In other words, Nepos knew his Bible, but did not hold to the same position that allegorists like Dionysius of Alexandria held. But those who held to Judaeo-Christian beliefs, while slightly chastised, simply were almost never condemned by the early allegorists. Mainly, because the early allegorists knew that the original Christians held to beliefs and practices that the allegorists considered to be Jewish–and at this stage, the allegorists simply did not have the ability to condemn the literalists because most who professed Christ at the time knew that the literalists had ties to the original apostolic church. (More information on faithful Christians in northern African locations can be found in the article Arabic Nazarenes May Have Kept Original Christian Practices.)

Africa has long had groups of people who have kept the seventh-day Sabbath. In the 21st century, there are Church of God groups throughout Africa.

The Continuing Church of God has many congregations in various African countries such as Ethiopia, Ghana, Kenya, Malawi, Nigeria, and Tanzania. We also have members/tentative supporters that we know of in Uganda, South Africa, Sudan, and elsewhere. I personally visited Africa back in 1985 and was able to visit Africa again in 2014 (information related to a conference held there is in the post CCOG Letter and Nairobi Conference).  It is likely that I will visit again within the next year or two.

The Continuing Church of God has sent songbooks, Bible News Prophecy magazines, other books, history booklets, literature, and other support to those in Africa. In addition to English, the Continuing Church of God has had literature, such as the Statement of Beliefs of the Continuing Church of God (see KATIKA LUGHA YA KISWAHILI) and our Study the Bible Course (see Somo 1 Katika Kiswahili), translated into Kiswahili which is the ‘linga-Franca’ in many nations in Africa.

While English is understood in many parts of Africa, it is often a second or third language.  Right now, in addition to English and Kiswahili, we have produced literature in Ekegusii and Dholuo.  We are currently also working on Chichewa and Zulu.

We also now have a YouTube channel called CCOGAfrica.  This channel features messages from ministers in Africa and mainly in African languages (see also CCOGAfrica YouTube channel now live!).

Africans are sometimes willing to stand up for what is right when others do not.

Some items of related interest may include:

Africa: Its Biblical Past and Prophesied Future What does the Bible teach about Africa and its future? Did the early Church reach Africa? Will God call all the Africans?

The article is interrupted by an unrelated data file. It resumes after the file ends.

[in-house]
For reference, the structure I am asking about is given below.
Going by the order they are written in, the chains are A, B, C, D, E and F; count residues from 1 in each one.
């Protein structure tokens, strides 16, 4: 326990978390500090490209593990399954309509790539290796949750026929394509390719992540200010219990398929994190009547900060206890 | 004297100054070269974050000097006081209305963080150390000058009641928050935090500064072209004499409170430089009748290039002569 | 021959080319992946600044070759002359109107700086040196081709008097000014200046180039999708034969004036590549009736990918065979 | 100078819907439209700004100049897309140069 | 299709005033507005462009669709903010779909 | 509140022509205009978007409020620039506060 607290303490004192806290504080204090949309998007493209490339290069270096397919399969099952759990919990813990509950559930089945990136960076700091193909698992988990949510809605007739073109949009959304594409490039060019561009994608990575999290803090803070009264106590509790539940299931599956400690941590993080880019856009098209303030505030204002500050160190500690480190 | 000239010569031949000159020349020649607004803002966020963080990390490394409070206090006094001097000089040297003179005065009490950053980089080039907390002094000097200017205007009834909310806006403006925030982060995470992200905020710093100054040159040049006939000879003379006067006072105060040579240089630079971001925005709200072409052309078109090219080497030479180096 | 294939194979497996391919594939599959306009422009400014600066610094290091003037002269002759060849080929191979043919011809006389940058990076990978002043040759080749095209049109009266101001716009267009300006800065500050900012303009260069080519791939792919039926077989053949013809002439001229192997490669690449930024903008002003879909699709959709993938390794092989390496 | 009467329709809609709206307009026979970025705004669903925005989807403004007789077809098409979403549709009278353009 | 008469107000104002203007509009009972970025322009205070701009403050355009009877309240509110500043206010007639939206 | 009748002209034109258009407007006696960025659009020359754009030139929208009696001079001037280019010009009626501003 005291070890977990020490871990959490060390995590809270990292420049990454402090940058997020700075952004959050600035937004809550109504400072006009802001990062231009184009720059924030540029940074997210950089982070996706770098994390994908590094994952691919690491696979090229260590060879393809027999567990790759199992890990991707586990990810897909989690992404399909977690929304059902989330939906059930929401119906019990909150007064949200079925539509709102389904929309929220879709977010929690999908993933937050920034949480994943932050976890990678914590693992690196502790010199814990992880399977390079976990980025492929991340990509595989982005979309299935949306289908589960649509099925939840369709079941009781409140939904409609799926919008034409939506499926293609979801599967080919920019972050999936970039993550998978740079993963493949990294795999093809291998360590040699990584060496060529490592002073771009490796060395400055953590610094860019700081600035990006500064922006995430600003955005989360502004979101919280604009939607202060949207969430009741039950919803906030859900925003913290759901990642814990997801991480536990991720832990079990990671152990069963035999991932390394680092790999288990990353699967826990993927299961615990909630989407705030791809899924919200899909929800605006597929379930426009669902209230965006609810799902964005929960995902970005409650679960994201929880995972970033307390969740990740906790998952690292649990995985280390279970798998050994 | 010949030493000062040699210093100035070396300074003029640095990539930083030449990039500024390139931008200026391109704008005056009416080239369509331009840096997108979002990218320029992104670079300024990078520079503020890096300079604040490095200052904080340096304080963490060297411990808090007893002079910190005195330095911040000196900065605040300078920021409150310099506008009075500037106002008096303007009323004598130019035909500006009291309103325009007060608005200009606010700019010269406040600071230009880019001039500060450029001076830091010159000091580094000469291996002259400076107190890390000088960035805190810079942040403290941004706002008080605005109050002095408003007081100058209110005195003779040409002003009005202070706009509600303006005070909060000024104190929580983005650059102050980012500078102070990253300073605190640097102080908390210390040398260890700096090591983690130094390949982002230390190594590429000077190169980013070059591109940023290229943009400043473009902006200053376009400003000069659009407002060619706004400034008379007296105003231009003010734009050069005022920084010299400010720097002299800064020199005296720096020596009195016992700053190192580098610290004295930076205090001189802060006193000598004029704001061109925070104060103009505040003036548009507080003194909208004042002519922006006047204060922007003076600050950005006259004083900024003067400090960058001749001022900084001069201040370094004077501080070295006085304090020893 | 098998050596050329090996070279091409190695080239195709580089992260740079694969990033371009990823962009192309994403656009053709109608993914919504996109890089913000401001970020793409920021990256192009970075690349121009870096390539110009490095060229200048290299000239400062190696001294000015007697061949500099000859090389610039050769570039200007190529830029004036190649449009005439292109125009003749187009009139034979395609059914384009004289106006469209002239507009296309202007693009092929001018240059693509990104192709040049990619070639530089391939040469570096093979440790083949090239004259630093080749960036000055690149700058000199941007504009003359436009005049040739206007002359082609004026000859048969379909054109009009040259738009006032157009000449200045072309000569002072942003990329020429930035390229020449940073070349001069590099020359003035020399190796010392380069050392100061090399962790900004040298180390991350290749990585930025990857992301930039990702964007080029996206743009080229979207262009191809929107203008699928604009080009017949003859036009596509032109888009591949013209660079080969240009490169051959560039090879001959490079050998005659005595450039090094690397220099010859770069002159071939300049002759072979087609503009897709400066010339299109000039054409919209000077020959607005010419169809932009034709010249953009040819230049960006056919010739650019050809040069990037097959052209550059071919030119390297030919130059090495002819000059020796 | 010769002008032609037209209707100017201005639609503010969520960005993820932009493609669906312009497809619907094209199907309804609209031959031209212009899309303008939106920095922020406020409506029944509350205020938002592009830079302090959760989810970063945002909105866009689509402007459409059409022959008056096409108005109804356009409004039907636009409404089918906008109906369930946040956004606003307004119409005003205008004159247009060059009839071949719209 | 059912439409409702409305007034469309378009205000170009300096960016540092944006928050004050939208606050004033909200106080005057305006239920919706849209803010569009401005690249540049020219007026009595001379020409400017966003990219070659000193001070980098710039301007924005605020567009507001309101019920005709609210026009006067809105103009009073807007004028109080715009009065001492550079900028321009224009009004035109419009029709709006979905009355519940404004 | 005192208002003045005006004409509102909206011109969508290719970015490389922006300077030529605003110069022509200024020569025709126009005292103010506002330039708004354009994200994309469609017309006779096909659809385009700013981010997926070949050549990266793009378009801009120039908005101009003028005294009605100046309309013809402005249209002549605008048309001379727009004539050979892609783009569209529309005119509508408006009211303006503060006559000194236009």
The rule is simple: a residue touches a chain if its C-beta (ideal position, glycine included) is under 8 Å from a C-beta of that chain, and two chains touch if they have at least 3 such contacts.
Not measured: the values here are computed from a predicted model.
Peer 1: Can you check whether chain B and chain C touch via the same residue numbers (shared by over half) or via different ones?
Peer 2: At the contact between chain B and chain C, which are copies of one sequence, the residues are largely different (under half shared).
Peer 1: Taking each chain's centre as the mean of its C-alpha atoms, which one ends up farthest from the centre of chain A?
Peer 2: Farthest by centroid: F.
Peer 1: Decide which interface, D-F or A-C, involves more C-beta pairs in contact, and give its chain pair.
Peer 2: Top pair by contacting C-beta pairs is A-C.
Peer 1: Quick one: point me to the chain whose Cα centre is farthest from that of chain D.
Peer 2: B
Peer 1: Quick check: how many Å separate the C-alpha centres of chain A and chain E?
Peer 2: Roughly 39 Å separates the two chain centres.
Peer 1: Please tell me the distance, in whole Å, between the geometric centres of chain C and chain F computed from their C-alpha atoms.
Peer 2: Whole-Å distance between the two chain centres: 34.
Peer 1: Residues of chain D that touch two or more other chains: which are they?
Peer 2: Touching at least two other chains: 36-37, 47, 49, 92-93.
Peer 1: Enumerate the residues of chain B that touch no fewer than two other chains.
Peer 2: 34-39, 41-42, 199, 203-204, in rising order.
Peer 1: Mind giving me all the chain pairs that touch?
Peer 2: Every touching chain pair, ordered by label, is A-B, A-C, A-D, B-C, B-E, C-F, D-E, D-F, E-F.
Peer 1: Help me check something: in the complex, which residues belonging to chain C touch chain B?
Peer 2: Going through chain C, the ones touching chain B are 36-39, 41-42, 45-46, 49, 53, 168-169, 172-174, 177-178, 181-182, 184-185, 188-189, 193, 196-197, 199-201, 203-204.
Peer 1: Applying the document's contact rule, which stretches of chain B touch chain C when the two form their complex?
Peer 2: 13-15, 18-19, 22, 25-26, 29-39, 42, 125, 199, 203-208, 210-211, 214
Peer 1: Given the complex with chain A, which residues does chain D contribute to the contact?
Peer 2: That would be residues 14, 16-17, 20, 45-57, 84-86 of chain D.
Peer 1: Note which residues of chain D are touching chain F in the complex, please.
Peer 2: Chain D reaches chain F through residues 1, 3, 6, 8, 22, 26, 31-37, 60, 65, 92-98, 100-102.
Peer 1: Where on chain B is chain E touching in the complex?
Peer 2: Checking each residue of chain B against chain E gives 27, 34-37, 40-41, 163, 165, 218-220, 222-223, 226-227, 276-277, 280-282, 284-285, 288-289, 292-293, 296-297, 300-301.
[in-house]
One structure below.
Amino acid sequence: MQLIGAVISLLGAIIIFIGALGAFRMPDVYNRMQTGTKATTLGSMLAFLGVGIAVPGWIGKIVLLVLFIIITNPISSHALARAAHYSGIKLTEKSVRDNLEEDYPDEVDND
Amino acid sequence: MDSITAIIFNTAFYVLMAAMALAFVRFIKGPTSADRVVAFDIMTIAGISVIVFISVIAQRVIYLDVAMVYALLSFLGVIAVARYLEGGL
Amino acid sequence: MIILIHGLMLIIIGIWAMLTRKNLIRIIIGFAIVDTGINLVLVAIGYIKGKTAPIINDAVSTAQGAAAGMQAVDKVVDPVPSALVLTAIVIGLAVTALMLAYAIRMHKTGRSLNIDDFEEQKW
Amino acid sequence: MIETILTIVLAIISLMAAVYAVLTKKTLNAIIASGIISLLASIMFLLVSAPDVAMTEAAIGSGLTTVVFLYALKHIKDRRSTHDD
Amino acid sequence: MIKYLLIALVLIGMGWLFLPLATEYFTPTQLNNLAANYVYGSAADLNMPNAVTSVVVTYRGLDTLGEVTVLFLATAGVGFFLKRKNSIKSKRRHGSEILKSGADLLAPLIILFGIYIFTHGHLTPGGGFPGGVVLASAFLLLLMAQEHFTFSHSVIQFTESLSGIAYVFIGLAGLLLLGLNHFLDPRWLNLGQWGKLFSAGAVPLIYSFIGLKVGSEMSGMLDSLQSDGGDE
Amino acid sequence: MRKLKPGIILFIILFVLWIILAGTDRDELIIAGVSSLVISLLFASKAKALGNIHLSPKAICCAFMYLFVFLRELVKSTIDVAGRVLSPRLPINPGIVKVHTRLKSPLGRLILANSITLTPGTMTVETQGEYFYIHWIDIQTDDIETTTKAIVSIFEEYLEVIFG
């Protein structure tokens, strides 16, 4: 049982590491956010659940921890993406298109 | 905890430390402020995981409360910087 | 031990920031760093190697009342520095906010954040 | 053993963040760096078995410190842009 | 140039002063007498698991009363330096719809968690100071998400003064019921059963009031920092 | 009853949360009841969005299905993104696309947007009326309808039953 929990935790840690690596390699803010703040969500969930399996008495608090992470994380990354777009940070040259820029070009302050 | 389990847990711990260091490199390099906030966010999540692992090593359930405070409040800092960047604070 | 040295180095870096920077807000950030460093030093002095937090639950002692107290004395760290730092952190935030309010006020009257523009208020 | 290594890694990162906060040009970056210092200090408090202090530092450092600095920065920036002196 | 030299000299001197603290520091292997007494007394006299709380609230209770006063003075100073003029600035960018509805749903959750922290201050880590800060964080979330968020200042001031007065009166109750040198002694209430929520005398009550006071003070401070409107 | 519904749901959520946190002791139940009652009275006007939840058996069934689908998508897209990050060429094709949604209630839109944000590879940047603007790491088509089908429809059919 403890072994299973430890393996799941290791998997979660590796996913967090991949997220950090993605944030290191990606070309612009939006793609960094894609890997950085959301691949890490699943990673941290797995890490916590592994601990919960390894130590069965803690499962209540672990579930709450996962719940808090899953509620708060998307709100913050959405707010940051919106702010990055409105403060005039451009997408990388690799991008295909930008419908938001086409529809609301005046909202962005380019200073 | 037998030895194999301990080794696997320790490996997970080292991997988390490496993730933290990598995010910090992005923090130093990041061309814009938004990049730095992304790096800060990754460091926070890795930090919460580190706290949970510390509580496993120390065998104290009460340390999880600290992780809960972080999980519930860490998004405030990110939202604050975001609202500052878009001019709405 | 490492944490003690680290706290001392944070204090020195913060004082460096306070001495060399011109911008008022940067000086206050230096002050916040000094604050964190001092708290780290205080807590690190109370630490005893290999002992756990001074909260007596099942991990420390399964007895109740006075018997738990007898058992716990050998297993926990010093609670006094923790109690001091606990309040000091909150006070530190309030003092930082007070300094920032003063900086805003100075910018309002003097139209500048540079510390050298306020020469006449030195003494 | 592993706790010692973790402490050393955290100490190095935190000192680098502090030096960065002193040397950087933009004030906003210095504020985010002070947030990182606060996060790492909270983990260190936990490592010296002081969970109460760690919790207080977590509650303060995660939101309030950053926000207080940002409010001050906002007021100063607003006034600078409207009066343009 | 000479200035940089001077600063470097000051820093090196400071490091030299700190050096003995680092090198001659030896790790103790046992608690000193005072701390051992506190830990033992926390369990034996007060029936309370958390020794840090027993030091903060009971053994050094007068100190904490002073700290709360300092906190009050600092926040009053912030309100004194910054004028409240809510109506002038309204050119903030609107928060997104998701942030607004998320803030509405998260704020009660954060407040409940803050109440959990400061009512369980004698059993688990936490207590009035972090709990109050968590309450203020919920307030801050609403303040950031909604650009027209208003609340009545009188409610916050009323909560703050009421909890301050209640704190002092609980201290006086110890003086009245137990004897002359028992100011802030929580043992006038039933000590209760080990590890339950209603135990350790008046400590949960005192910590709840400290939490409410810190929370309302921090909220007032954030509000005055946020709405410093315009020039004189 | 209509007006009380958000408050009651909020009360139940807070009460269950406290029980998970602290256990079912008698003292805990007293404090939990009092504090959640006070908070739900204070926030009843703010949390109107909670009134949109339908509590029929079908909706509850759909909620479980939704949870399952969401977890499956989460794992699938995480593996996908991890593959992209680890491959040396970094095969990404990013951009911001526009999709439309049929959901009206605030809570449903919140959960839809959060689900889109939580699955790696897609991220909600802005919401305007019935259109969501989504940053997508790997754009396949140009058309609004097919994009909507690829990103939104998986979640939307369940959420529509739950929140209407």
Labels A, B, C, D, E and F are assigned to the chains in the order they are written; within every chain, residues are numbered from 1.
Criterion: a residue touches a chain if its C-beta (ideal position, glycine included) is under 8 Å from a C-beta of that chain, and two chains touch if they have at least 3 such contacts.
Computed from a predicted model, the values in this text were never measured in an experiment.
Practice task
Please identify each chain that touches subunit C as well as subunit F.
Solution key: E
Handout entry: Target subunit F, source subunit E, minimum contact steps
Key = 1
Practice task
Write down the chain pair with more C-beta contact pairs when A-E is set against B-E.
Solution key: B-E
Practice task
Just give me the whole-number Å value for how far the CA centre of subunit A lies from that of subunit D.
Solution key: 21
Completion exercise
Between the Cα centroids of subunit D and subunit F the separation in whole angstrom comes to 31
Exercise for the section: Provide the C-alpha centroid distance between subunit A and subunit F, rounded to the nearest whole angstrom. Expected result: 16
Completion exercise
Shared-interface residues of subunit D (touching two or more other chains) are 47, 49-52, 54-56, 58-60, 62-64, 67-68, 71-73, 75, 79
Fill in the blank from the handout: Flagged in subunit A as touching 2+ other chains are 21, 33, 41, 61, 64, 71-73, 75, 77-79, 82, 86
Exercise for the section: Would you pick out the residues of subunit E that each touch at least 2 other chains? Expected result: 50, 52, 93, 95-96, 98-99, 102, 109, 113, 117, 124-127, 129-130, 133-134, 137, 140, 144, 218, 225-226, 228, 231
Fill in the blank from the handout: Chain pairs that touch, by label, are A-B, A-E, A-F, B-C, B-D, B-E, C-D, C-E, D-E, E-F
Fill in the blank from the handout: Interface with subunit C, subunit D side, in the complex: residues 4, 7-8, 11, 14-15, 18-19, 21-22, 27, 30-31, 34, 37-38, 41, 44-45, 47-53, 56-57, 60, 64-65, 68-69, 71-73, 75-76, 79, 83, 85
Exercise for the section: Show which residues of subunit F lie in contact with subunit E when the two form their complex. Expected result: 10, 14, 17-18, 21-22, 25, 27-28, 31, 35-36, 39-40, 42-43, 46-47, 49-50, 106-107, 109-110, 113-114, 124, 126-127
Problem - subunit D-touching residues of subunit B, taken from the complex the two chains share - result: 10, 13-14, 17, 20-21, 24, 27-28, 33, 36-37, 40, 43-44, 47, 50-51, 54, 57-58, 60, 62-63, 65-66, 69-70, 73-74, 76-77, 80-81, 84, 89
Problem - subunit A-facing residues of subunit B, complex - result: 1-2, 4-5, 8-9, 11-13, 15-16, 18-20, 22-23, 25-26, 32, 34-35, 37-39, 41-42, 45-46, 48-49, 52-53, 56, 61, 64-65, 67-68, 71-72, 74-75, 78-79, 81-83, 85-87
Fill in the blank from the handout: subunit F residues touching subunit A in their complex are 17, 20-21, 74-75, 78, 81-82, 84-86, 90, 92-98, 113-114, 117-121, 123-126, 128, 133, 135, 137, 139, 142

CCOGAfrica channel. This has messages from African pastors in African languages such as Kalenjin, Kiswahili, and Dholuo.
Did The Early Church Teach Millenarianism? Was the millennium (sometimes called chiliasm) taught by early Christians? Who condemned it? Will Jesus literally reign for 1000 years on the earth? Is this time near? Two related sermons are available Millennial Utopia and The Millennium.
God’s Grace is For All Is being Jewish a hindrance to salvation? What about not being a descendant of Israel? What does the Bible really teach? Here is a link to a related sermon titled Race and Grace; Do you view race as God does?
Where is the True Christian Church Today? This free online pdf booklet answers that question and includes 18 proofs, clues, and signs to identify the true vs. false Christian church. Plus 7 proofs, clues, and signs to help identify Laodicean churches. A related sermon is also available: Where is the True Christian Church? Here is a link to the booklet in the Spanish language: ¿Dónde está la verdadera Iglesia cristiana de hoy? Here is a link in the German language: WO IST DIE WAHRE CHRISTLICHE KIRCHE HEUTE? Here is a link in the French language: Où est la vraie Église Chrétienne aujourd’hui?
Continuing History of the Church of God This pdf booklet is a historical overview of the true Church of God and some of its main opponents from Acts 2 to the 21st century. Related sermon links include Continuing History of the Church of God: c. 31 to c. 300 A.D. and Continuing History of the Church of God: 4th-16th Centuries. The booklet is available in Spanish: Continuación de la Historia de la Iglesia de Dios, German: Kontinuierliche Geschichte der Kirche Gottes, and Ekegusii Omogano Bw’ekanisa Ya Nyasae Egendererete.



Get news like the above sent to you on a daily basis

Your email will not be shared. You may unsubscribe at anytime.